The Bridge Project has grown over the past 25 years from a small grassroots charity to one of the leading education networks that gives women in the North East an opportunity to develop their potential by offering educational courses that can lead to a qualification.
As it celebrates its Silver Jubilee this year, managers and staff stick by its founding philosophy – to empower women by helping them gain the confidence, knowledge and skills to realise their aspirations.
With centres in Tyne & Wear and County Durham, Bridge offers a listening support service to help women cope with issues that may prevent them reaching their potential, and to deal with issues around domestic violence, debt problems, relationship difficulties and drug and alcohol abuse.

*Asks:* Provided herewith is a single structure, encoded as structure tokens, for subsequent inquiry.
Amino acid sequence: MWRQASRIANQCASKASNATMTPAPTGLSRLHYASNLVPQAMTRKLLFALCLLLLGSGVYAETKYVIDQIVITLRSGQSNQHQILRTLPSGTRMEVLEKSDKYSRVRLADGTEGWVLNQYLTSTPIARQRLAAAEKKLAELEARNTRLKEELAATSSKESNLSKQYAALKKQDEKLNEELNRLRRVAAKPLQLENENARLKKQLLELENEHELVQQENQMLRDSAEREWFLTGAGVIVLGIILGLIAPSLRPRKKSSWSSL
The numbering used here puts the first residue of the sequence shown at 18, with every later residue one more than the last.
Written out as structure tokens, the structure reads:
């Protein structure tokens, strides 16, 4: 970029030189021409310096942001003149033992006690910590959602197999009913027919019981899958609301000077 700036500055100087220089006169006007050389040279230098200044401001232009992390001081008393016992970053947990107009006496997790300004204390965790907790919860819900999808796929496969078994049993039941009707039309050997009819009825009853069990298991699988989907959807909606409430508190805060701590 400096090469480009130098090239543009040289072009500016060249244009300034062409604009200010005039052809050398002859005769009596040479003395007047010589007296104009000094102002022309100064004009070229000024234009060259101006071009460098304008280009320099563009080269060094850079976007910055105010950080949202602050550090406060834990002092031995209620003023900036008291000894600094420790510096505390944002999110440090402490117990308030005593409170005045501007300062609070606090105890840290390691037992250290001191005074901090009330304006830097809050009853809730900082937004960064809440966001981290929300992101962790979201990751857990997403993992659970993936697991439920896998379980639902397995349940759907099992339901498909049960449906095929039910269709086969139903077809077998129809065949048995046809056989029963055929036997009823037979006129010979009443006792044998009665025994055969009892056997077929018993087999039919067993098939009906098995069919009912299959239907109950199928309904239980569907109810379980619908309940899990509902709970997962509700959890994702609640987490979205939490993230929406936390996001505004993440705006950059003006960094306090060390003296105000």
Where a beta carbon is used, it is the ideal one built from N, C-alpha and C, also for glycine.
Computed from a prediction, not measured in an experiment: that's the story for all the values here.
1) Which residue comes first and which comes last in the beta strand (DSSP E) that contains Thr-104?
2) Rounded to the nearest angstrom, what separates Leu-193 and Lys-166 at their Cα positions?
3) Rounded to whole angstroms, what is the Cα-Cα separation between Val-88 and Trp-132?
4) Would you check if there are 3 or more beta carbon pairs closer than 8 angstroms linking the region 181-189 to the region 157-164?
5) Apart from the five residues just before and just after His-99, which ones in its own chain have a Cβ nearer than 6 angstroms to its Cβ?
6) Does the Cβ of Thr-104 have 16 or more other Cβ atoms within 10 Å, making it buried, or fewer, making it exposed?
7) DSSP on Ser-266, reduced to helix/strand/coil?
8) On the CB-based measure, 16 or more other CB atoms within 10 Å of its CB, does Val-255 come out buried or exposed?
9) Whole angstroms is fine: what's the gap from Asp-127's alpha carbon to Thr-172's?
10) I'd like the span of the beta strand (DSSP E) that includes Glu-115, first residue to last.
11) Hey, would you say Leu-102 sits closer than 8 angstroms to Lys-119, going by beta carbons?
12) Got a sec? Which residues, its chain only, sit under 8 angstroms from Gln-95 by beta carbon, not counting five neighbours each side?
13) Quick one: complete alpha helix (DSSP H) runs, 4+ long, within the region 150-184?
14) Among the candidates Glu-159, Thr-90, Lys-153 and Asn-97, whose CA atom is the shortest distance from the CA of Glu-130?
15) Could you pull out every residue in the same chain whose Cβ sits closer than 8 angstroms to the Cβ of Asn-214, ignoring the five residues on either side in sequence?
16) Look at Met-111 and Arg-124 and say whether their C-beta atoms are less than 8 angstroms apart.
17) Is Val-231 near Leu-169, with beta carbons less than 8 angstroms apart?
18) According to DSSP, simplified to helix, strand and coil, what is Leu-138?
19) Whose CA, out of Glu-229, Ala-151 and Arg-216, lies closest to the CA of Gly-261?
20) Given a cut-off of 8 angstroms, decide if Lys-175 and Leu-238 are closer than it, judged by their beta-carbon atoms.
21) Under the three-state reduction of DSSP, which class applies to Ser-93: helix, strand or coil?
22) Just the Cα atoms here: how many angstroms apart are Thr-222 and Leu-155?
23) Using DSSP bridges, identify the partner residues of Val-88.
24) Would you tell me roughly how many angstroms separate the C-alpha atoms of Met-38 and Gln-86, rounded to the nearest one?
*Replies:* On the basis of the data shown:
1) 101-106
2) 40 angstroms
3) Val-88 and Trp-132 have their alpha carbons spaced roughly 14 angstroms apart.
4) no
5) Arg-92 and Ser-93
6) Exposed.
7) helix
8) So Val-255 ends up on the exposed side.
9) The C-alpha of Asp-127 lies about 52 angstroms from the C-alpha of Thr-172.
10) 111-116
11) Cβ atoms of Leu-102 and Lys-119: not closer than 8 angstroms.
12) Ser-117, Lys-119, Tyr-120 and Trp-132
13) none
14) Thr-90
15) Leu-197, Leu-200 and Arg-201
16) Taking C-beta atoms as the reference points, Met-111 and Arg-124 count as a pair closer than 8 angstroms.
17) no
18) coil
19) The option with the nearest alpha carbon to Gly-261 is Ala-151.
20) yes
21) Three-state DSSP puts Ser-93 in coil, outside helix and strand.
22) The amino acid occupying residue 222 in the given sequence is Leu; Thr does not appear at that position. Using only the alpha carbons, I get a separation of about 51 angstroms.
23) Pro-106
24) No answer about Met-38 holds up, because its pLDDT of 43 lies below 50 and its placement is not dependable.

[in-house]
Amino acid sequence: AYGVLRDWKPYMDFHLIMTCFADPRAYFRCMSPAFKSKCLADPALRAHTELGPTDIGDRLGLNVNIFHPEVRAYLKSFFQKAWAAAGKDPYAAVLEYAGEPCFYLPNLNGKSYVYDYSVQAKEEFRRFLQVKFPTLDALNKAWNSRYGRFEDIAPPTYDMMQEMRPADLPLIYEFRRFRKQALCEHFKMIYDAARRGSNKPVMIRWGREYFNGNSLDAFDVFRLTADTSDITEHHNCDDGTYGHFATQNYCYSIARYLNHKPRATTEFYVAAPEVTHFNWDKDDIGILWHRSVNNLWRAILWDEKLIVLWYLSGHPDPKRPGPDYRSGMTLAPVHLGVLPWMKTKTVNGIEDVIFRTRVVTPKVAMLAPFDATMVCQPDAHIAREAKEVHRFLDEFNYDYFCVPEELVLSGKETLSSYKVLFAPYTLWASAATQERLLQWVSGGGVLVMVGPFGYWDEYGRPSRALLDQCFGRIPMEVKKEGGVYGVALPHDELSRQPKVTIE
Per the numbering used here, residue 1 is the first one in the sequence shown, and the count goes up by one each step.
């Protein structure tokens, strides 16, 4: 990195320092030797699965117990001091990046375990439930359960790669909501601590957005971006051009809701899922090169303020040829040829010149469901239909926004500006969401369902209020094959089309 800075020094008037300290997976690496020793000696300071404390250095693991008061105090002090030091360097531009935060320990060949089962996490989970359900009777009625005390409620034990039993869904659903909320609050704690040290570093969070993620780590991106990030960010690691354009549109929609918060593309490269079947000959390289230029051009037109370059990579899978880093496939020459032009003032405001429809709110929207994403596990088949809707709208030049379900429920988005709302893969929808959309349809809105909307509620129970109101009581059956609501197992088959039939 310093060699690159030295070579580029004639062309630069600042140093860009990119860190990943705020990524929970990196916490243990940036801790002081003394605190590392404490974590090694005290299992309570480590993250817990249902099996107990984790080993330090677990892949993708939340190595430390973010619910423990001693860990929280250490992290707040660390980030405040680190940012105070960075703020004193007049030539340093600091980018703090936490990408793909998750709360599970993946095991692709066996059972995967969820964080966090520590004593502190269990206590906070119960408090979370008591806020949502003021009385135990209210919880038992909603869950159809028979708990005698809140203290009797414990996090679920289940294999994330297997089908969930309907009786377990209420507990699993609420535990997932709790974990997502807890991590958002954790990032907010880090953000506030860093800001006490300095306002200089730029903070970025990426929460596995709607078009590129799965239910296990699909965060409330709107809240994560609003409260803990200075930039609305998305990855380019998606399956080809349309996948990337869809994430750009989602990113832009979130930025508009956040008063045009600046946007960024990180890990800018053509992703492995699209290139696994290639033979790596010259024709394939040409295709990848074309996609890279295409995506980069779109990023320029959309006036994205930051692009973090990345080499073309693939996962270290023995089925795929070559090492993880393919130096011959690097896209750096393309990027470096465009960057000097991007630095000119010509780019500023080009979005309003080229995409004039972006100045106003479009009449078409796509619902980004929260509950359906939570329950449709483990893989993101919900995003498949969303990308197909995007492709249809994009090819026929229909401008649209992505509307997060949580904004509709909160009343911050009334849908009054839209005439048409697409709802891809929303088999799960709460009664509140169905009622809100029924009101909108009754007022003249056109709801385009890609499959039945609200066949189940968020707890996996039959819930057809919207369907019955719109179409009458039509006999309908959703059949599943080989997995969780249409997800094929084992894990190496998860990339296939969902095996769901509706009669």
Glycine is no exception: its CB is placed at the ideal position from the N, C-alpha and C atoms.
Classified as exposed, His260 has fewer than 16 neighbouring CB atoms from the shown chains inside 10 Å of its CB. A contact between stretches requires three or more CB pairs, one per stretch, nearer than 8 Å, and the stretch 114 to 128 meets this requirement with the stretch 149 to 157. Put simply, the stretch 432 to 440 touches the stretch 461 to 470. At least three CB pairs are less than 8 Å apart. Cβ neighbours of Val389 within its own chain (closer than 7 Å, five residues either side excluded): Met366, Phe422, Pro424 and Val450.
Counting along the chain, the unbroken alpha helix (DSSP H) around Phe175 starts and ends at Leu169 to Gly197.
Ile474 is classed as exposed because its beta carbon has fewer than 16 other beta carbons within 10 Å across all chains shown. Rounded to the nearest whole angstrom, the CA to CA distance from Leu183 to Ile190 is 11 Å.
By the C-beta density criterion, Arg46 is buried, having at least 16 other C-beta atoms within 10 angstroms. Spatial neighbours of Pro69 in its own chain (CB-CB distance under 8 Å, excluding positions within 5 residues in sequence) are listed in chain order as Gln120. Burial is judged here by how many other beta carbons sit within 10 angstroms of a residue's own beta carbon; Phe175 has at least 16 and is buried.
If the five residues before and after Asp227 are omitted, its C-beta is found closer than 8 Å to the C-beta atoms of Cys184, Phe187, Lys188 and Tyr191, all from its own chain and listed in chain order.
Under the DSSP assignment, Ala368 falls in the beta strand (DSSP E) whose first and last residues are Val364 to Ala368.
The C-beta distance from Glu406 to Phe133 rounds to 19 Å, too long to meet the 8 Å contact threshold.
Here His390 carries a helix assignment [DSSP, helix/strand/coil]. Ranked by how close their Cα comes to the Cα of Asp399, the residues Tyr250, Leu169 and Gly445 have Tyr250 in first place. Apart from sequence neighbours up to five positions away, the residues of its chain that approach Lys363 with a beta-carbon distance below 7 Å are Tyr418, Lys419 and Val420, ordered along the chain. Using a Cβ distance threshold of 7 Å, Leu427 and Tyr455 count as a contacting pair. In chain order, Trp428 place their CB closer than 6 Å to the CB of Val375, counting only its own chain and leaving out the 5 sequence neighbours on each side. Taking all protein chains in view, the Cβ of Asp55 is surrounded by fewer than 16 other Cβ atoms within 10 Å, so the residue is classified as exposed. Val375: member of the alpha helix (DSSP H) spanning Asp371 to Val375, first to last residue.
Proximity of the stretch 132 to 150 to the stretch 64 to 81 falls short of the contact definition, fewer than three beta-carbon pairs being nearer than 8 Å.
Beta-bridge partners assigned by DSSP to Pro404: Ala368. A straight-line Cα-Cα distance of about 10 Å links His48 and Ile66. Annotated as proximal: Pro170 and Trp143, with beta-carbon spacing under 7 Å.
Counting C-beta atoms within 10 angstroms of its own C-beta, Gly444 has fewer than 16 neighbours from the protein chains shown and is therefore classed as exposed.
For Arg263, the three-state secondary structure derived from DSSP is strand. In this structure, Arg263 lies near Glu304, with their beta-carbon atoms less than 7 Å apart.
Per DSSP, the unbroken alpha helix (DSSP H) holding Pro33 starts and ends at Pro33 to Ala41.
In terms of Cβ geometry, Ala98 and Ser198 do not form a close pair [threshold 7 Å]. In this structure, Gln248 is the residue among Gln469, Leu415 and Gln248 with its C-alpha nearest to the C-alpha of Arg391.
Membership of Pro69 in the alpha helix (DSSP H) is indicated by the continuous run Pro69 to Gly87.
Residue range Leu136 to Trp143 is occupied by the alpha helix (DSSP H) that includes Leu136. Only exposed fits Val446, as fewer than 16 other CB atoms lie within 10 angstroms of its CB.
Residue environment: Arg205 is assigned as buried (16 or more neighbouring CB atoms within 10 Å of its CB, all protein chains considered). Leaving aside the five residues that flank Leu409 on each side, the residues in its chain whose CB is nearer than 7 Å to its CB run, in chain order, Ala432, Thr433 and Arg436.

“We strive to reach those who are socially excluded and have little access to learning or service provision,” said Sheila Davidson, the project’s Chief Executive. “Since 85% of Bridge staff are ‘home grown’, there is clear empathy with the needs of learners,” she added.
Bridge has detailed systems for monitoring and raising achievement. Sheila says, “We have a network of over 7,000 women who we strive to make contact with until they tell us otherwise.”